Scientists call for mussel munch to help counter omega-3 crunch, Deakin University study
Mussels can serve long chain omega-3 needs at a potentially lower environmental and economic cost than fishy alternatives, according to a new international study led by a Deakin University nutrition scientist.
Dr Lee Hamilton, a lecturer in Deakin’s Institute for Physical Activity and Nutrition (IPAN), said just one in five people globally met recommended omega-3 targets, and there was not enough omega-3 in the ocean to service the world’s needs.
“Most people don’t get enough long chain omega-3 because they’re not eating enough oily fish or shellfish. But if the world’s population did hit that target, it would decimate the ocean’s food stocks,” Dr Hamilton said.
“Marine derived omega-3s are critical for human health, but popular sources such as salmon aren’t as environmentally friendlyas some shellfish sources. So what our study wanted to examine was whether a more environmentally-friendly alternative could be effective at improving the omega-3 index – a measure of whether a person is getting enough omega-3 in their diet.”
Dr Hamilton said the pilot study – carried out with his aquaculture colleagues at Stirling University in Scotland – aimed to determine if providing mussels as the protein component of a few lunchtime meals per week could be effective at improving study participants’ omega-3 index.
The team monitored the diets of 12 Scottish university students, feeding them a third of their calories at lunch with mussels as the protein source, three times per week for two weeks.
“This was what we call a ‘food first’ approach to nutrient supplementation. Rather than providing a dietary supplement to supply additional quantities of a nutrient, we supply whole food known to be rich in that particular nutrient,” Dr Hamilton said.
“The meals were also tailored to the individual’s regular diet. So depending on the person’s typical calorie intake, they ate a different amount of mussels, and we cooked them a number of different recipes, including spaghetti with mussels, mussel couscous, and bread with mussel broth.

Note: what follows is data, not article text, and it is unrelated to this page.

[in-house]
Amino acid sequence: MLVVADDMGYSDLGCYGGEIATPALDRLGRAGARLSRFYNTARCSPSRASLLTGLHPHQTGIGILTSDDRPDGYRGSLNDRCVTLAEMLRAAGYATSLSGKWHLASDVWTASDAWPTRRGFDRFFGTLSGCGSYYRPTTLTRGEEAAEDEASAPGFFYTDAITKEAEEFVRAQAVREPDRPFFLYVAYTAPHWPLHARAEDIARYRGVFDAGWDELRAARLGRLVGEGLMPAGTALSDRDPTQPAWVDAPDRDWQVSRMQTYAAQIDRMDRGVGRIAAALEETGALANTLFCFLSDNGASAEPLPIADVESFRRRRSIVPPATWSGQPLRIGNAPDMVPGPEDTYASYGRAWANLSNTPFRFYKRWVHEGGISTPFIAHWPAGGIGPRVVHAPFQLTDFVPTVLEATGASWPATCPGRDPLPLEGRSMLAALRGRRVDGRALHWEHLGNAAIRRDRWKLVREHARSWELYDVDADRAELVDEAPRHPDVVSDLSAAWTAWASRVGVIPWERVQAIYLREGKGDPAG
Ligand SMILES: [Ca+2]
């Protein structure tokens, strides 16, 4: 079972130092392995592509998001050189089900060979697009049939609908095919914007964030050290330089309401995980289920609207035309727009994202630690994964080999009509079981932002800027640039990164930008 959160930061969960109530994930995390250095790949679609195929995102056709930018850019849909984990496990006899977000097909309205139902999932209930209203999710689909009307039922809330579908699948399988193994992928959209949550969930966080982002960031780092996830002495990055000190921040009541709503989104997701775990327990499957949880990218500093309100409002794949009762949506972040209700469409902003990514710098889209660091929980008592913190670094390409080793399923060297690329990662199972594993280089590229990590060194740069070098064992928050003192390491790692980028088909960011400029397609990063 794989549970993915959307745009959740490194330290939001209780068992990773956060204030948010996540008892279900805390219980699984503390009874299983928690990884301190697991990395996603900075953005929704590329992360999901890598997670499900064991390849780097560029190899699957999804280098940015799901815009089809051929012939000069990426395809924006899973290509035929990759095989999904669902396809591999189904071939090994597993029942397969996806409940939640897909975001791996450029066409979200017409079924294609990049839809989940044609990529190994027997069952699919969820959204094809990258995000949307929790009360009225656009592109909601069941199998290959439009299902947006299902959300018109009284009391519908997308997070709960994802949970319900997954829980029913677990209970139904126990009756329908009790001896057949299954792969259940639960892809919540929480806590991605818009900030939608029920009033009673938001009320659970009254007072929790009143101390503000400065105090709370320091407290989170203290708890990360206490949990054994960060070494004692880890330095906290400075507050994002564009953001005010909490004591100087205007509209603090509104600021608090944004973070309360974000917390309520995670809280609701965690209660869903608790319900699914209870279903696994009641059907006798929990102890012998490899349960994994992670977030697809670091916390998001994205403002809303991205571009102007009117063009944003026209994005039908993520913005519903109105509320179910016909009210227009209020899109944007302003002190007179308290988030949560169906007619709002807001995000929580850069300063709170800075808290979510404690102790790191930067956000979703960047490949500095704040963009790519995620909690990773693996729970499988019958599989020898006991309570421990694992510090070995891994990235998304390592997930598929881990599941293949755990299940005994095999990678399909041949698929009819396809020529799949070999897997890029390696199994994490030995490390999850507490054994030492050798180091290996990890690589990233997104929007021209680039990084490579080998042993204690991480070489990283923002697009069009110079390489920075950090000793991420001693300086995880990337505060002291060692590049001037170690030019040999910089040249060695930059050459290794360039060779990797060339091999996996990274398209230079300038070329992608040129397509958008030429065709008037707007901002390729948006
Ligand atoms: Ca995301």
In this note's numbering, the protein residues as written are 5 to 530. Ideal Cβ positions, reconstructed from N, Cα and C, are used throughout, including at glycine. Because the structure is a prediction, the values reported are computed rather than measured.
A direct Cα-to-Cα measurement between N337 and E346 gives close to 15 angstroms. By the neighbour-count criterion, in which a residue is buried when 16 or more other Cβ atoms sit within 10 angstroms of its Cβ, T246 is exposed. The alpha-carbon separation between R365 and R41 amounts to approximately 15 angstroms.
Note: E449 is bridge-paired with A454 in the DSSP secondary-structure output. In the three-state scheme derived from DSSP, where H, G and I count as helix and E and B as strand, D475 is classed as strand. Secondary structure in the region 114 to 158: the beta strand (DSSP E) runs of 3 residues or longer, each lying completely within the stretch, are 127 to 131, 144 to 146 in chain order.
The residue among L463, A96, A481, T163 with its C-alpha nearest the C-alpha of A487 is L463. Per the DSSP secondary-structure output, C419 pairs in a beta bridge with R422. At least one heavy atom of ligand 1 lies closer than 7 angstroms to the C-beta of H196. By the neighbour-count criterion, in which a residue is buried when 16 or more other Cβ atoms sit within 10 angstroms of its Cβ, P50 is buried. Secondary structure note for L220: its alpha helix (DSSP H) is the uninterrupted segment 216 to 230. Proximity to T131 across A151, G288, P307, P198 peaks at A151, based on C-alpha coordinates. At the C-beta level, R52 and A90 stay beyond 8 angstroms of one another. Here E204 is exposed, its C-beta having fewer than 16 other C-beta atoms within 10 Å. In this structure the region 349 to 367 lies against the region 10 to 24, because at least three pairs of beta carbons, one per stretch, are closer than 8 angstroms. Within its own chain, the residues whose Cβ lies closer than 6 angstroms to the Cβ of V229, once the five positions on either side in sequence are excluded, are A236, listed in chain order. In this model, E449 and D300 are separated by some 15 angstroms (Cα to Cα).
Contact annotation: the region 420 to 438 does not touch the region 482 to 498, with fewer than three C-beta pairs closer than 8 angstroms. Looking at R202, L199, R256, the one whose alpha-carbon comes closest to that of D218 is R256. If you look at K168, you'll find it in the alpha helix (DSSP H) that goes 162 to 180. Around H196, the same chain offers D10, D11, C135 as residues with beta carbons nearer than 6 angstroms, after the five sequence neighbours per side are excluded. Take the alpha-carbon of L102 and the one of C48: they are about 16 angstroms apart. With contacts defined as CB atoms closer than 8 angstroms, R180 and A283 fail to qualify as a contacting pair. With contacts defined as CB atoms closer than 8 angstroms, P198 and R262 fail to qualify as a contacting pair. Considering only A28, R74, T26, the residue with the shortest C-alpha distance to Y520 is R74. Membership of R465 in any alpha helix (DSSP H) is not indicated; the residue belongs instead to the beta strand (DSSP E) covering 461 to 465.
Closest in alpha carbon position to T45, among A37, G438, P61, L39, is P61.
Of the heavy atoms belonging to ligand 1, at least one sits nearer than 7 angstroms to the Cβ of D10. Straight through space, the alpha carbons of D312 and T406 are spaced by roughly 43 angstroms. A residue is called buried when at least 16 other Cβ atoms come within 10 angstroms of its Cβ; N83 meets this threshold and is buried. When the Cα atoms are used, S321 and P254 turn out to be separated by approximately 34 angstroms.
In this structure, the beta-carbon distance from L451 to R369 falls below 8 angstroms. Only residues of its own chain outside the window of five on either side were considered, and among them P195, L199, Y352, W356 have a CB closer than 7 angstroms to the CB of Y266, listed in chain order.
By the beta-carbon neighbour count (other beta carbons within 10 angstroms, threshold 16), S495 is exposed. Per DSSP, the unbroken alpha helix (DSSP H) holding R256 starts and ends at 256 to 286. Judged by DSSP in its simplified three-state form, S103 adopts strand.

“We found that this relatively small but consistent amount of mussels was enough to help the study participants meet recommended omega-3 targets, and some of them even saw an improvement in their omega-3 index. That’s critical as the omega-3 index is an important marker of heart health.”
Dr Hamilton said omega-3s were an essential fatty acid, also needed for proper brain development and inflammatory balance.
“Our body can make long chain omega-3 fatty acids from the omega-3s found in canola oil and walnuts, but the process is very inefficient, and we need marine sources of omega-3 fatty acids to improve our omega-3 index,” he said.
“The Australian Heart Foundation recommends two to three portions of fish per week, including some of the oily fish that contain high amounts of omega-3s. The aim is to achieve an intake of 250-500mg of omega-3 per day.
“For people not meeting omega-3 requirements, introducing mussels to their diet a few times a week could be a good strategy.”
Dr Hamilton said mussels were generally farmed sustainably and had a very low carbon footprint in comparison to other meats, including farmed salmon.
“Because they are plankton-filter feeders mussel aquaculture is considered to have a minimal environmental impact,” he said.
“I really want to re-frame how people see mussels. Mussels are not just a starter in a fancy restaurant, they can be used as a protein component in a variety of ways.
“If the mussels are purchased fresh from a local supplier then the price point is not that much different to more common meat sources in Australia, and the price per milligram of omega-3 is similar to other popular sources like salmon.”
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